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Chapter Two

The Assassin strode towards Queen Snow’s throne. He did not kneel, although his head remained down. he could only see a sliver of marble floor and the inside of his hood. But what his eyes could not see, the voices made visible to his mind.

There were courtiers to every side. Exactly forty-two, all merchants or soldiers. The Assassin didn’t understand why they were here, unless it was just so Queen Snow’s new pet could make a public appearance.

Behind the queen stood three people. One was the late king’s sister and Snow’s aunt, a woman who looked similar to her niece but was afflicted with blemishes that had been the result of a pox. The other two were men. One was a fat and gaudily dressed merchant, the other a seasoned warrior. Jehanne, Casin and Oudin were their names.

Then there was the queen herself. She was relatively tall and extremely muscular, scarred in places that her well-tailored dress conveniently hid. As remarkable as that was, it was hardly the most striking thing about her appearance. Snow’s skin was as starkly white as her name, and that was only contrasted more by her hair that was black as oblivion itself. And as though whatever cruel god made her was not yet satisfied, she also had lips of dark red that were uncomfortably close to the Beast’s favorite shade of blood.

All this the Assassin knew before he had even set foot in the room. And now--as he stood and waited for the Queen to speak--the Assassin had little more to d than to listen to the Beast beg, urge, demand that he massacre the courtiers.

“The Assassin,” announced Queen Snow after what felt to the Assassin like an era. The courtiers murmured hellos and other tepid greetings. Then they went back to their quiet conversations and questions and assumptions. Not one could speak quietly enough to avoid the Beast’s voices, however.

The Assassin drew nearer to Queen Snow’s throne so that they could hold whatever discussion she had in mind in relative privacy.

“Could you prove to me in some way other than rumor that your services are as good as legend has it?” Snow asked in what was for her a soft voice. “Without killing anyone, we’d prefer.”

The Assassin was more interested in Snow’s voice than in her request. It sounded stiff, and was delivered like something neatly stitched together beforehand. He knew little of the queen but legend as well, and wanted to piece out her personality. A slight grin--one that was heavy to hold--grew under his hood. He inclined his head, as though listening intently. He already had the entire room’s conversations at hand.

“The merchant standing under the window with an image of the Black Kingdom’s patron saint is telling a joke,” the Assassin said. He relayed the set-up. It was one that could lead to nothing but a dirty conclusion. The Queen held up a hand. The Assassin stopped.

So she is more delicate than they make her out, he thought.

“Let us prove this,” said the Queen in her stiffly stitched voice. She had the merchant come over. “Lord Reyn, I would like it if you would finish your joke--assuming you were telling one--in front of the Assassin and myself.”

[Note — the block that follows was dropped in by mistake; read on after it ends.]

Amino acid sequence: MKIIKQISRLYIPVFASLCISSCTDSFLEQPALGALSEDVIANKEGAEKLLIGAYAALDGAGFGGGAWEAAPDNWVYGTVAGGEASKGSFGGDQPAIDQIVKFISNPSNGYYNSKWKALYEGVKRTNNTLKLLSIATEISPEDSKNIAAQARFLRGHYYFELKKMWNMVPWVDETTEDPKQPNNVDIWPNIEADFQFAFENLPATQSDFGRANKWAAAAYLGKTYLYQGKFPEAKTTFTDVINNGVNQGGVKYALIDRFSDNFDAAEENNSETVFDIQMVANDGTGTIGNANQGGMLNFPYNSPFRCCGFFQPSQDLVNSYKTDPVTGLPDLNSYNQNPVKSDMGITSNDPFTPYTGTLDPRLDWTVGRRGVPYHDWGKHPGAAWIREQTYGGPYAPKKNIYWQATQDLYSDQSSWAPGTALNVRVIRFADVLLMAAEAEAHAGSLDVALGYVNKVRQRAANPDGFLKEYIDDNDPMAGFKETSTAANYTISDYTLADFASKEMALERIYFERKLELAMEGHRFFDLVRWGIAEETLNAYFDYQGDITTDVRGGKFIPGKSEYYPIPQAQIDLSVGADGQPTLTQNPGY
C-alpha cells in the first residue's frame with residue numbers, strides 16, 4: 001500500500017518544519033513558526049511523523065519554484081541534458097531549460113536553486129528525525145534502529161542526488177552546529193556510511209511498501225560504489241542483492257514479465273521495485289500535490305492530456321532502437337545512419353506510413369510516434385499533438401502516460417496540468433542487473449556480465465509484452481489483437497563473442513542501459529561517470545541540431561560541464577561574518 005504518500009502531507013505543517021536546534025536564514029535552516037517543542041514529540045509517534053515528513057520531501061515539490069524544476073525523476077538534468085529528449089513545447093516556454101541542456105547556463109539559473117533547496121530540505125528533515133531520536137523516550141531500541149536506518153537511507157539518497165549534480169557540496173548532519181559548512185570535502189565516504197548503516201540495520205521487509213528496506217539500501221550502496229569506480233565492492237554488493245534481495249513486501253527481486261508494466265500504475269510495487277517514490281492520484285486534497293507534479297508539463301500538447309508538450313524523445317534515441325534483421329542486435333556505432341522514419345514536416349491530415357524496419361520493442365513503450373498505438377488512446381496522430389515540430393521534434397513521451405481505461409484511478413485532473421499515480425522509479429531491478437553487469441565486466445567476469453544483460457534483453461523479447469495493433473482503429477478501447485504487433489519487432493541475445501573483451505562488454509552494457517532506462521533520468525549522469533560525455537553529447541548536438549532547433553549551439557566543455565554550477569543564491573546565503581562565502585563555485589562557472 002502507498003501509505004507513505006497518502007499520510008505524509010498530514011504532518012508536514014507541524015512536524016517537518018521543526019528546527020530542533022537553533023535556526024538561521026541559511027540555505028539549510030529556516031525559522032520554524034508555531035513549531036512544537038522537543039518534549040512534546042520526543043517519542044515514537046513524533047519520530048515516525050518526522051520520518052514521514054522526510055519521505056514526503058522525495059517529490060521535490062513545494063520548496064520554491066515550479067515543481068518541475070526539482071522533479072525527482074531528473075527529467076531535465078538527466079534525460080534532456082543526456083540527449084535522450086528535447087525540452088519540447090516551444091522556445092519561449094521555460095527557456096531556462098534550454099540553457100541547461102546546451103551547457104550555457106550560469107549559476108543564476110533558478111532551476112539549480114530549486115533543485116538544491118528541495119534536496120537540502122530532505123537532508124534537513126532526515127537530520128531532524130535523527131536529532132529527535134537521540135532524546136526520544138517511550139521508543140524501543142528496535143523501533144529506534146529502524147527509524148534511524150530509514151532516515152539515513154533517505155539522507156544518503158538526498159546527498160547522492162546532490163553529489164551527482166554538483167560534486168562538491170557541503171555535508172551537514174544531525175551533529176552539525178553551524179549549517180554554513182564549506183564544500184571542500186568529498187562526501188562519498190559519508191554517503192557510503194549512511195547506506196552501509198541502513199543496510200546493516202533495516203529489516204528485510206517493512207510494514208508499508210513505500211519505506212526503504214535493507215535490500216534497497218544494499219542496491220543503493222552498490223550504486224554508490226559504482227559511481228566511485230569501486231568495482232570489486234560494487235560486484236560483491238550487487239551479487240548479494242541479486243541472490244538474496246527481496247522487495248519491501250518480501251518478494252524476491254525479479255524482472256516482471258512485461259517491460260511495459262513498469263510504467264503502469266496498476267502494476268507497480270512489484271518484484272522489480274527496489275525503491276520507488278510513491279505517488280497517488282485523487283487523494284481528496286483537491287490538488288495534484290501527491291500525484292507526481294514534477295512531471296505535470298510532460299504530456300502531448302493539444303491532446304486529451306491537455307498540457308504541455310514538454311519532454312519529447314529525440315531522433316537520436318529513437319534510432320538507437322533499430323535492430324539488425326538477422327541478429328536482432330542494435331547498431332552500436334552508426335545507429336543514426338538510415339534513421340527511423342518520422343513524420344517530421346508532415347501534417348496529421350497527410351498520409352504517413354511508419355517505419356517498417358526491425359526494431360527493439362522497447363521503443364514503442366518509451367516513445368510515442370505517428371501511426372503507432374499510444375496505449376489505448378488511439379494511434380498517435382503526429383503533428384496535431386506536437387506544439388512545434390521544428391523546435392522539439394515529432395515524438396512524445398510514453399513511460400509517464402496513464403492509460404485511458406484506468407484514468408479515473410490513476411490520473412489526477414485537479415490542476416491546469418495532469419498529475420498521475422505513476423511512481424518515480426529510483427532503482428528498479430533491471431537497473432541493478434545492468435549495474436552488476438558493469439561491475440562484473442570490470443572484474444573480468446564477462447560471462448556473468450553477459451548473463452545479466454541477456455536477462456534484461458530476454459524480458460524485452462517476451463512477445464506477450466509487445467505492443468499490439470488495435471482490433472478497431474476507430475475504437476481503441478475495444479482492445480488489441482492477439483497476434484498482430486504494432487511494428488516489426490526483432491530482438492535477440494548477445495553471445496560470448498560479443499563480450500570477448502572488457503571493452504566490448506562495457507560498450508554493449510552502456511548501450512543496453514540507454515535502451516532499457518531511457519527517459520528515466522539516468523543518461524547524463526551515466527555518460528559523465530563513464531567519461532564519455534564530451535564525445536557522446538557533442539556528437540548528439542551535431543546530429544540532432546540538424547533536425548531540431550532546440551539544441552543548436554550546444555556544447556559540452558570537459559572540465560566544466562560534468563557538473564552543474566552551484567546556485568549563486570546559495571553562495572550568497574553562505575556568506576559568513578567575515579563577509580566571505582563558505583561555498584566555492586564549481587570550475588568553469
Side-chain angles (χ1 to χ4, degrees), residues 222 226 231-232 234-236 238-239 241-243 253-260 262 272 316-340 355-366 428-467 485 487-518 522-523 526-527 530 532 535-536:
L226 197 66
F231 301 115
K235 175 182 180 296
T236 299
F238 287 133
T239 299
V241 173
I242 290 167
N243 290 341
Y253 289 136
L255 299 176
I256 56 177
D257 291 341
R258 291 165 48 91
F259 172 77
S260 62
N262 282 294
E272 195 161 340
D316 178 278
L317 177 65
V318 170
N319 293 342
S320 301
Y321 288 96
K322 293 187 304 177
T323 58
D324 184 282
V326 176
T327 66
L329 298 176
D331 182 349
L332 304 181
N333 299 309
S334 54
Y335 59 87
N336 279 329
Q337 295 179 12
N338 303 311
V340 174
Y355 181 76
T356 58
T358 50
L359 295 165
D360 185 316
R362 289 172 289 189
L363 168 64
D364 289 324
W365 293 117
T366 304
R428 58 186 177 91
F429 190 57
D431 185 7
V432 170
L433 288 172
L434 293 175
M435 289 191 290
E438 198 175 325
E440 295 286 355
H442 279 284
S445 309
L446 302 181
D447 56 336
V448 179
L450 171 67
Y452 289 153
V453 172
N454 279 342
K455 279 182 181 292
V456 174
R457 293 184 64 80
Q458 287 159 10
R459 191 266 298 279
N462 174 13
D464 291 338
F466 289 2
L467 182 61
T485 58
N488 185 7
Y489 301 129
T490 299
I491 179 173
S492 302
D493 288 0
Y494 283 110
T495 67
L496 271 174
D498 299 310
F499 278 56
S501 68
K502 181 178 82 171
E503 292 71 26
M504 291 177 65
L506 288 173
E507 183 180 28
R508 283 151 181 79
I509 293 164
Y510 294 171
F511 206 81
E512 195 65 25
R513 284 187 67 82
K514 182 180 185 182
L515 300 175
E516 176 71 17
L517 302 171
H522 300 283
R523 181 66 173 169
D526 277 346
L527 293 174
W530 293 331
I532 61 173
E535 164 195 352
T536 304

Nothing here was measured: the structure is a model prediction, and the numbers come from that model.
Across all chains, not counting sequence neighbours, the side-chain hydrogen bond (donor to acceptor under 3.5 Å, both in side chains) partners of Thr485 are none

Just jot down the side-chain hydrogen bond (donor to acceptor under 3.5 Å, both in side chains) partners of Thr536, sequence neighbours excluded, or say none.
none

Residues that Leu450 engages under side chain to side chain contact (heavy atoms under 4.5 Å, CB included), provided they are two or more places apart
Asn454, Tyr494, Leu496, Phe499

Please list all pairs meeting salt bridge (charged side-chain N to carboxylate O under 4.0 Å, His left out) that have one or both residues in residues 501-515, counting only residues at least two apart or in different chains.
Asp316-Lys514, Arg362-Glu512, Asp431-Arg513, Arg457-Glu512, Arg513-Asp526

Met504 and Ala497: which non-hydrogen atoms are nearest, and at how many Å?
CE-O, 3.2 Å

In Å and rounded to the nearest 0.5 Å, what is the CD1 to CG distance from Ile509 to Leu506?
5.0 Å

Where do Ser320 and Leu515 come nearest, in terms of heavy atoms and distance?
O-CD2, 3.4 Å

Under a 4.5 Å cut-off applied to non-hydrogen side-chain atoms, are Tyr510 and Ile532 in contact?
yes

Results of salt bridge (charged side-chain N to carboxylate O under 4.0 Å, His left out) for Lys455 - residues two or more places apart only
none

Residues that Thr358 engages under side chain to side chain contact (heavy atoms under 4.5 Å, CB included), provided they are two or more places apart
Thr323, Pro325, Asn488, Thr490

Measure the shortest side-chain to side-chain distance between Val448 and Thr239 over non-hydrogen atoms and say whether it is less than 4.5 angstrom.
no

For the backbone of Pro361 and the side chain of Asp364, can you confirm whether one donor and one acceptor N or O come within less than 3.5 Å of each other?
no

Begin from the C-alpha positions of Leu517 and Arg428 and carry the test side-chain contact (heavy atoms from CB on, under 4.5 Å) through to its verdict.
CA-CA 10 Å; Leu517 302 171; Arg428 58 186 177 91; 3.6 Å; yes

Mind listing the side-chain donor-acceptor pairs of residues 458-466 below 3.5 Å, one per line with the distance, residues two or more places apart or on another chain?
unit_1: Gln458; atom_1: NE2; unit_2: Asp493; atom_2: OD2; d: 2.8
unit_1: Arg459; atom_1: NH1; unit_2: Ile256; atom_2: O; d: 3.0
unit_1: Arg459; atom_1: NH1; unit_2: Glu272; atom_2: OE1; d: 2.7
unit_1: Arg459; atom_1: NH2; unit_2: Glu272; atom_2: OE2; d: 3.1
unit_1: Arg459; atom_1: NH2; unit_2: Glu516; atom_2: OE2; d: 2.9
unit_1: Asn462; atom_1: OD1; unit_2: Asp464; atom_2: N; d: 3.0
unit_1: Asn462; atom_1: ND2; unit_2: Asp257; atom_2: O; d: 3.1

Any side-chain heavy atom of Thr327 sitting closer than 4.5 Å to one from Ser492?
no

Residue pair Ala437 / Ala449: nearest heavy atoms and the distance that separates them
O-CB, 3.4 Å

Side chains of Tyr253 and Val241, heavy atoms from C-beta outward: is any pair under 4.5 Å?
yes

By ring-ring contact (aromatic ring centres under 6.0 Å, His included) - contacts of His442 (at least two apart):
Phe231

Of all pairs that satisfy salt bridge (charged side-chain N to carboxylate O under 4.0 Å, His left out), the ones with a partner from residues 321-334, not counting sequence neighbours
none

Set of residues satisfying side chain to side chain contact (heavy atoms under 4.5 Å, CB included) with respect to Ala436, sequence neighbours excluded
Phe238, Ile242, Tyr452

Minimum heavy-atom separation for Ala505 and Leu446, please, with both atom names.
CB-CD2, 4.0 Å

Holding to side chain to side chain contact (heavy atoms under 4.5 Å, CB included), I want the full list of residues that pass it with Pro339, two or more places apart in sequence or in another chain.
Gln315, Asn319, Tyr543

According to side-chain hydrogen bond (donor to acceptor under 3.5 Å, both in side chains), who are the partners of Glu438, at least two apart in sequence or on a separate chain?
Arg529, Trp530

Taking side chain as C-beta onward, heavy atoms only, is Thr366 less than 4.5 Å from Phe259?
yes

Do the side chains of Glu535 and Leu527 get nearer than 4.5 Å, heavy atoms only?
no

The merchant’s face grew bright red, and he stammered out the punchline in a voice that alternated between bass and alto. Almost immediately, the Queen snorted in an unmistakably spontaneous way before suppressing further laughter.

“You may go, Lord Reyn, if you’ve nothing more bawdy to share,” she said.

The Assassin’s smile came back, and it was big enough that he could almost convince himself that it was genuine.

“I am convinced enough,” said Snow, her own smile fading back into a more serious expression. “Your final test will be your first assignment. I want you to discover and dispose of those in this court that are against the Four Kingdoms in their war against Malif.”

The Assassin immediately slipped through three trains of thought in a few split moments. The first was a brief wave of shock at Queen Snow’s ruthlessness. He knew that she had “disposed of” her stepmother. Snow had killed in battle. But it was strange to hear such calculated cruelty presented as no more than a pragmatic course of action.

The second train of thought was carelessness, in more than one sense of the word. The Assassin didn’t care what Snow wanted done. he was simply there to do his job. But that in and of itself was careless, in the other meaning of the word. His job wasn’t to kill mindlessly. It was to work with Queen Snow towards her ultimate end.

The third was understanding. Snow knew his previous epiphany. And he couldn’t write her off as entirely brainless. if this next move was a part of her plan, then it was idiotic. Her command had been the test.

“That would be unwise,” he said, looking at the edge of Snow’s skirts. The toe of a boot peeked out. No, this woman isn’t brainless. Not with that sort of practical footwear, he thought approvingly.

Snow smiled, although she assumed he couldn’t see it. “Why?”

Now that word hadn’t been so stiff. It had bene blunt, yes. But it had been true.

“Your new assassin shows up and people die? Suspicious. Even if we make the deaths appear completely natural and accidental, it would be at least eleven people gone at a very unfortunate time.”

“That many?” Snow’s smile was gone.

“At the least,” the Assassin said. “Two of those are guessed on body language alone, however.” He couldn’t resist a small brag.

“And you claim this so confidently without having seen their bodies with your own eyes,” Snow said, still suspicious yet also with a sliver of awe.

The Assassin inclined his head even more deeply: his first sign of respect.

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